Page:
Communities reject planned Frieda river mine

Ambunti on the the Sepik River

“most of the river communities in Ambunti, Wosera-Gawi and Angoram have responded negatively”

By Clifford Faiparik | The National aka The Loggers Times | 22 October 2018

East Sepik Governor Allan Bird, pictured, says many communities along the Sepik River have expressed concerns about environmental impacts that will be brought about by the Frieda River mine.

Bird said this yesterday in response to reports of a team from the Mineral Resources Authority (MRA) carrying out awareness on the mine along the Sepik River.

“Most of the river communities in Ambunti, Wosera-Gawi and Angoram have responded negatively to a team of officers from Mineral Resources Authority who were there to do awareness on the mine,” Bird said.

“Villagers tend to become suspicious of government officers conducting awareness on a project that will affect their environment.

“They are also suspicious that they will not get economic benefits from such impact projects, although the government officers had portrayed a promising economic and social benefits package to them in the awareness.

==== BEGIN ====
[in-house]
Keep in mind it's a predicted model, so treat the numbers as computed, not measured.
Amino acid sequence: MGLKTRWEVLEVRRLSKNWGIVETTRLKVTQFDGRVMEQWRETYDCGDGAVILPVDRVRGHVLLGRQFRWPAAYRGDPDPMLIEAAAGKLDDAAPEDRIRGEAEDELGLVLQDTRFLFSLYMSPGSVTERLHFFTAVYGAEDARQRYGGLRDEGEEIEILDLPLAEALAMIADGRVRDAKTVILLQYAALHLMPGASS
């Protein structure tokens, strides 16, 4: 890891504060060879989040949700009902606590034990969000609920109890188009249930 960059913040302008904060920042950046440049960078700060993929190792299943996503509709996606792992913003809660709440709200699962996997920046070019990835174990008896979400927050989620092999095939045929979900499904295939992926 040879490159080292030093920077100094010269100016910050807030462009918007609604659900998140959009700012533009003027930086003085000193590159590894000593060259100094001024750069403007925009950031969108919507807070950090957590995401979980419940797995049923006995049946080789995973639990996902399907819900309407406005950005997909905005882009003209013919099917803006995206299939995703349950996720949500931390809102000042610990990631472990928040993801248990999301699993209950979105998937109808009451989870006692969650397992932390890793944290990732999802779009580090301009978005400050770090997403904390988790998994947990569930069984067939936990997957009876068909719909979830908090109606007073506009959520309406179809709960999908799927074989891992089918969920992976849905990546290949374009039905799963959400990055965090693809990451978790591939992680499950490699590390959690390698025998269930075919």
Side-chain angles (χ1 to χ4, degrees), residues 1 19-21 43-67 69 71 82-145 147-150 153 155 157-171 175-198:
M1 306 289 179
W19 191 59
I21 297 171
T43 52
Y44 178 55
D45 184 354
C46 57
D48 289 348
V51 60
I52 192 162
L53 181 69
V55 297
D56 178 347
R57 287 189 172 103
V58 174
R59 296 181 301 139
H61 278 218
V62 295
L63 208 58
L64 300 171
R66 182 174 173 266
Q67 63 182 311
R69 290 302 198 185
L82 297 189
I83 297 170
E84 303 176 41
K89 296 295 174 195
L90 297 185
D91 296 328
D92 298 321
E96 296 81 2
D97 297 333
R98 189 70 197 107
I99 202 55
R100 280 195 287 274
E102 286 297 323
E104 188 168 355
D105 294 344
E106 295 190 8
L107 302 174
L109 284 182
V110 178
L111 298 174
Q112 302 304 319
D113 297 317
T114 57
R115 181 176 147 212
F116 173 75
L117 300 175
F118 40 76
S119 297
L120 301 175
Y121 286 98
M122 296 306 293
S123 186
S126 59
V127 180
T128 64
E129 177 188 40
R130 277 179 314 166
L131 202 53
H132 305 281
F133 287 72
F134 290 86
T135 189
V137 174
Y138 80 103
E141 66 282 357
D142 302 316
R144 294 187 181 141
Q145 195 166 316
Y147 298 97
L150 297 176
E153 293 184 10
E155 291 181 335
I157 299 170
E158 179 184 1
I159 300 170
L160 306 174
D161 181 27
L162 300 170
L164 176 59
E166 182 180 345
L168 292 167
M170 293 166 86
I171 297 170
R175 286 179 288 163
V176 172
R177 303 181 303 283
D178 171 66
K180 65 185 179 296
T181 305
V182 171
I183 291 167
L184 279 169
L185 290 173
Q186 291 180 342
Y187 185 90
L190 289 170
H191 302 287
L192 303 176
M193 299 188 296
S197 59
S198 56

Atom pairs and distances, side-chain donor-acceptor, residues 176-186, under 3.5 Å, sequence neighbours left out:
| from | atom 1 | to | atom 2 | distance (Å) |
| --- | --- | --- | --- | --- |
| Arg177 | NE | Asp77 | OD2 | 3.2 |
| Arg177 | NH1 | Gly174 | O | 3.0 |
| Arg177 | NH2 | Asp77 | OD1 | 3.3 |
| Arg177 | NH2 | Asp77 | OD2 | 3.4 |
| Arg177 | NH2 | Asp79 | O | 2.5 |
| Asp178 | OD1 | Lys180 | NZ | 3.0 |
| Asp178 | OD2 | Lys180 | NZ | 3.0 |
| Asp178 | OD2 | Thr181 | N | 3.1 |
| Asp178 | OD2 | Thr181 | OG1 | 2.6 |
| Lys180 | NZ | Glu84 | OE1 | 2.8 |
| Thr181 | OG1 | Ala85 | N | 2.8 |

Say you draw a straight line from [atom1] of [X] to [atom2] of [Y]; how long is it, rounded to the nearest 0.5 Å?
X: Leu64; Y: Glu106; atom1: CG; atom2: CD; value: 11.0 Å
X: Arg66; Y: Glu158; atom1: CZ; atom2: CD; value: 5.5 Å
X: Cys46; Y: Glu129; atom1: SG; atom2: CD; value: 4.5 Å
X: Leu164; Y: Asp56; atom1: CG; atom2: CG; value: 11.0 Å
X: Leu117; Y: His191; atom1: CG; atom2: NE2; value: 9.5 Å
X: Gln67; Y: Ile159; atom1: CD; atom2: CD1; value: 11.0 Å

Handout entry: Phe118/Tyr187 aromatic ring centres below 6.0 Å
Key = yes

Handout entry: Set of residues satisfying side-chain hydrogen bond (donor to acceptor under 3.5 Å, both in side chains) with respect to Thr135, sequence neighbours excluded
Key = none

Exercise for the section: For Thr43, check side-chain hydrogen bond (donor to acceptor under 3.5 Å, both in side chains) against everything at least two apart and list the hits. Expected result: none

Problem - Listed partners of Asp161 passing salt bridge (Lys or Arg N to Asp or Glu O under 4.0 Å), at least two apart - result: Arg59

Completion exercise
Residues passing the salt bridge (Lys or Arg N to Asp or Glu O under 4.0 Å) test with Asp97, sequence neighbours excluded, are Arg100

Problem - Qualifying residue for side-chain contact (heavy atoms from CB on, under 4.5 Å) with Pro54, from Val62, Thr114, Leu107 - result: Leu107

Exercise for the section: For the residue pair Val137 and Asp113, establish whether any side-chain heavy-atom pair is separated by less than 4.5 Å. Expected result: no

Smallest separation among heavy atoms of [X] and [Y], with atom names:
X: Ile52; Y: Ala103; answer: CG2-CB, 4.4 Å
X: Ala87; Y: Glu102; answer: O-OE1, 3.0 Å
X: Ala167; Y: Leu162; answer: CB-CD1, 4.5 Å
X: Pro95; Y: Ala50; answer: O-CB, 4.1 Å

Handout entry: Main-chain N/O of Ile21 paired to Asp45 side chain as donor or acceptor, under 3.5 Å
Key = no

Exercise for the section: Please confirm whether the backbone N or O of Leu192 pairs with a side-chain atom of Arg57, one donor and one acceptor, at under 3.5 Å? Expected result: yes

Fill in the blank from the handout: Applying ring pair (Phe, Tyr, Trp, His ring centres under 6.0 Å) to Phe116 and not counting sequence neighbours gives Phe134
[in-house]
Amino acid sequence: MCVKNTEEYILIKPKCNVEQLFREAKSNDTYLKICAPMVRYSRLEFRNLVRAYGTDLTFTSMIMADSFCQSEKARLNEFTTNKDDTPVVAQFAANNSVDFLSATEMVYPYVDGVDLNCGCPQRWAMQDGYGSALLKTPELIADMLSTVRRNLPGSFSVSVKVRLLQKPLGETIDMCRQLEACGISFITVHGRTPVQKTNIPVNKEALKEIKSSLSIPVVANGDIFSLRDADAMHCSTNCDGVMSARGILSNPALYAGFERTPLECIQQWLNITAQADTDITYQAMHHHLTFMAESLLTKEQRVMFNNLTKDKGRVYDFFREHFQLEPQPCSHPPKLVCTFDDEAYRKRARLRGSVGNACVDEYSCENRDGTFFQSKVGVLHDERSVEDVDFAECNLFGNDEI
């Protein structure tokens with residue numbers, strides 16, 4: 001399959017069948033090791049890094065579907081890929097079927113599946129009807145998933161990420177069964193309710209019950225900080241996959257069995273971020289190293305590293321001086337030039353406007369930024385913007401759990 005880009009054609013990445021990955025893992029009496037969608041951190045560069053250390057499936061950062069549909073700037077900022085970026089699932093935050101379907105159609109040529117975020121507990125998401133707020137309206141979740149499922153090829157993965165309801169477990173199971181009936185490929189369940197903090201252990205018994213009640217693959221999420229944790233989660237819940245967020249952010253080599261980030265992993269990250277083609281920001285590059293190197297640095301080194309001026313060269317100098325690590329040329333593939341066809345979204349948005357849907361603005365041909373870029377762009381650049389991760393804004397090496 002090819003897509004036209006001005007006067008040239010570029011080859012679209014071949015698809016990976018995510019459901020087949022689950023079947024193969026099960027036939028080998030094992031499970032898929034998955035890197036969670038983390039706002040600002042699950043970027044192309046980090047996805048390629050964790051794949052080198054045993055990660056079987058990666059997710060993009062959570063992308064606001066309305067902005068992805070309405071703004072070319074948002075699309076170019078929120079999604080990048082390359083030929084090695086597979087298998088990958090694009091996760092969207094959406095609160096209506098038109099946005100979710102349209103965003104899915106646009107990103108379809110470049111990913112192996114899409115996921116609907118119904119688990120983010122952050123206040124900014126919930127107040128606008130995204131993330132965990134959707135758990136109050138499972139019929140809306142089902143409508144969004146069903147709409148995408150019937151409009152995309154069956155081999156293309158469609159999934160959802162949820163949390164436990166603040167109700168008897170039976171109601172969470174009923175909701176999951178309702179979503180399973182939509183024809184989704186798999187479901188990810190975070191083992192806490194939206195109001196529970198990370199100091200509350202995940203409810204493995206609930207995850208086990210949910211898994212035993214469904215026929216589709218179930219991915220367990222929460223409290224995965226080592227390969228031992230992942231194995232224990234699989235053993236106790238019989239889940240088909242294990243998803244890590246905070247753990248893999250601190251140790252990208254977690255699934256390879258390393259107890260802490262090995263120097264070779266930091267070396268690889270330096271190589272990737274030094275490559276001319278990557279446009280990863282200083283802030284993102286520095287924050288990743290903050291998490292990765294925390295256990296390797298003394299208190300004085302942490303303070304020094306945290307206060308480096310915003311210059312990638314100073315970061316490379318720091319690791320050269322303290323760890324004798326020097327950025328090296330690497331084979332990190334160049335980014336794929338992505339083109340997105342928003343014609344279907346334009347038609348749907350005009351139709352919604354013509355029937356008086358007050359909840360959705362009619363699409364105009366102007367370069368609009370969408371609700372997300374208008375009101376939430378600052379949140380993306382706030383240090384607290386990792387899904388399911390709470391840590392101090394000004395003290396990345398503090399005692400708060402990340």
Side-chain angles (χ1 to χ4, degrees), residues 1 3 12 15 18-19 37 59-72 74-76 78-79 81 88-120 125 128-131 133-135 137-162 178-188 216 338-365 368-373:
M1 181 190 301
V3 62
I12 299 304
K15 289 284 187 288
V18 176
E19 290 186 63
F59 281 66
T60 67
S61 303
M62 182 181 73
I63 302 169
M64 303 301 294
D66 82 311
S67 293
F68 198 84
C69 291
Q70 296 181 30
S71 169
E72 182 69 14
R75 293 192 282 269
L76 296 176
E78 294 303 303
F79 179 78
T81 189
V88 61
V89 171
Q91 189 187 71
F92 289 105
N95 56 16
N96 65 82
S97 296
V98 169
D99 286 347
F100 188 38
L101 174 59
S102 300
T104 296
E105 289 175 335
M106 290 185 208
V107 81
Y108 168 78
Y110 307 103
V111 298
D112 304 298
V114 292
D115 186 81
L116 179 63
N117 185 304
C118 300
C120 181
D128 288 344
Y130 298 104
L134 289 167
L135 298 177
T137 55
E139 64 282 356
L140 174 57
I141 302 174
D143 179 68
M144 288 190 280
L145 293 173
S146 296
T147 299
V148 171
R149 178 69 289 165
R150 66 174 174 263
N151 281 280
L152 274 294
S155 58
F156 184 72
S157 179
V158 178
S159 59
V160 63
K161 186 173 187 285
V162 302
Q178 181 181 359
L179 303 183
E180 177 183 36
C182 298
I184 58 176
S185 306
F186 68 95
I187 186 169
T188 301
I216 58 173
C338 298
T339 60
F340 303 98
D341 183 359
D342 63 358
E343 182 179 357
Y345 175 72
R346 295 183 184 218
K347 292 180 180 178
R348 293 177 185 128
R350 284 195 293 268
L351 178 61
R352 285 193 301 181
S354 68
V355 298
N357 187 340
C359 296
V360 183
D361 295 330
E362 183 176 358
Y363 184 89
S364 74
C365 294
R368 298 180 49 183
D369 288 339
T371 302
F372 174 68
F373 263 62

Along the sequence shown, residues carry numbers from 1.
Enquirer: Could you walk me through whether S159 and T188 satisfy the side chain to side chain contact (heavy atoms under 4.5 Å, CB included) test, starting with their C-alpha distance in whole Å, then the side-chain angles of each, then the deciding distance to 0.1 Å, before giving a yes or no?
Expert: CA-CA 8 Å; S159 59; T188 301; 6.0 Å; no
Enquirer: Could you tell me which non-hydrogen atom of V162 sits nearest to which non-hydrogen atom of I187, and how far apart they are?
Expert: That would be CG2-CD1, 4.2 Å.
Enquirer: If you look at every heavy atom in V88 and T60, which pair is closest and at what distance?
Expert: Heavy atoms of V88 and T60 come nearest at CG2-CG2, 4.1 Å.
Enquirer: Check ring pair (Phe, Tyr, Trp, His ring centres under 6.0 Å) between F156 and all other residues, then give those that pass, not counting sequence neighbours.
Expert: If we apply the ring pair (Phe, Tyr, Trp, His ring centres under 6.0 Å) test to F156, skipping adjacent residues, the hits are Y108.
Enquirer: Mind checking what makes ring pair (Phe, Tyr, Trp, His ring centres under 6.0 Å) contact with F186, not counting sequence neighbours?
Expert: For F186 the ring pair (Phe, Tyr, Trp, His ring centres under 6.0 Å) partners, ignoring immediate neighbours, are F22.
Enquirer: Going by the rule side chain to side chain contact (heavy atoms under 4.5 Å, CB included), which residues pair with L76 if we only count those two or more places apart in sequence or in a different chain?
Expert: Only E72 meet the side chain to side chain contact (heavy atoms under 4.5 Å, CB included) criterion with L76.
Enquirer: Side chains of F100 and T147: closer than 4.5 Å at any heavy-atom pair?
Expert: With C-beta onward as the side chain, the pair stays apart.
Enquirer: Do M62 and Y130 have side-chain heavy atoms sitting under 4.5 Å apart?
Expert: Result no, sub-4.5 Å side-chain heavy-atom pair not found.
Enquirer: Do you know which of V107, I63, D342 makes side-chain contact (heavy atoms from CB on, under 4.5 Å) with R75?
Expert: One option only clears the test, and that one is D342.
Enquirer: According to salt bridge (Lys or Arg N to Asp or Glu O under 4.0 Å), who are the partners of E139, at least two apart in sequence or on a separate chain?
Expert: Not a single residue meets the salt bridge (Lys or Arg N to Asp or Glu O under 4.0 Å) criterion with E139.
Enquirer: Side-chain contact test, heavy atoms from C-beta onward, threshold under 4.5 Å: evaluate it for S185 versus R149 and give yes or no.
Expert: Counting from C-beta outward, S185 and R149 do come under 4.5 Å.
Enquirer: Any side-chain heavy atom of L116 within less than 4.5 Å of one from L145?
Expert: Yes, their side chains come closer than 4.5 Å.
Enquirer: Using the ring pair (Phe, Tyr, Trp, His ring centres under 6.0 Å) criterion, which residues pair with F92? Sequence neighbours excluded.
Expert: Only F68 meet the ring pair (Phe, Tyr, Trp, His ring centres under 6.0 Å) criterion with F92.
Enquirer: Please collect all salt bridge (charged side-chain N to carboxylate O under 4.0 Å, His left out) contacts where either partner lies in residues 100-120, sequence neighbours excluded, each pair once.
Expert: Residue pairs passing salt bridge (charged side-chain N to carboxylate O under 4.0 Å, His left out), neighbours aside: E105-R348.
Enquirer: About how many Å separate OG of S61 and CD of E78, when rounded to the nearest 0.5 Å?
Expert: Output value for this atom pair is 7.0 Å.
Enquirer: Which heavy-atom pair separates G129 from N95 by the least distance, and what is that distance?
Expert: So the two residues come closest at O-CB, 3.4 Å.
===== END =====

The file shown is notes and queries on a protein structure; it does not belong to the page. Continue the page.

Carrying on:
“MRA officers had been conducting awareness for two weeks amongst villagers along the river about the economic and social benefits from the Frieda mine.”

The mine is at Telefomin in West Sepik.

Meanwhile, the MRA officers said they had encountered some “misunderstandings” while conducting awareness.

“We were advised not to conduct awareness in those villages,” one of the officers said.

“This misunderstanding was created by a non-government organisation that was there earlier on conducting awareness on the mine.”

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1 Comment

Filed under Human rights, Mine construction, Papua New Guinea

One response to “Communities reject planned Frieda river mine

  1. The mighty Sepik is one of the world’s biggest rivers and supports a vast ecosystem that includes human populations. Open a mine upstream on Frieda River would have disastrous if not catastrophic consequences on the wildlife, environment, the river itself and the livelihoods of the river people who depend on this river for it. Any amount of compensation would not cover the cost of environmental damage and the loss of livelihoods that people who suffer from long during the mines life and long after it had ceased. I applaud my people of Sepik for standing against this satanic industry.

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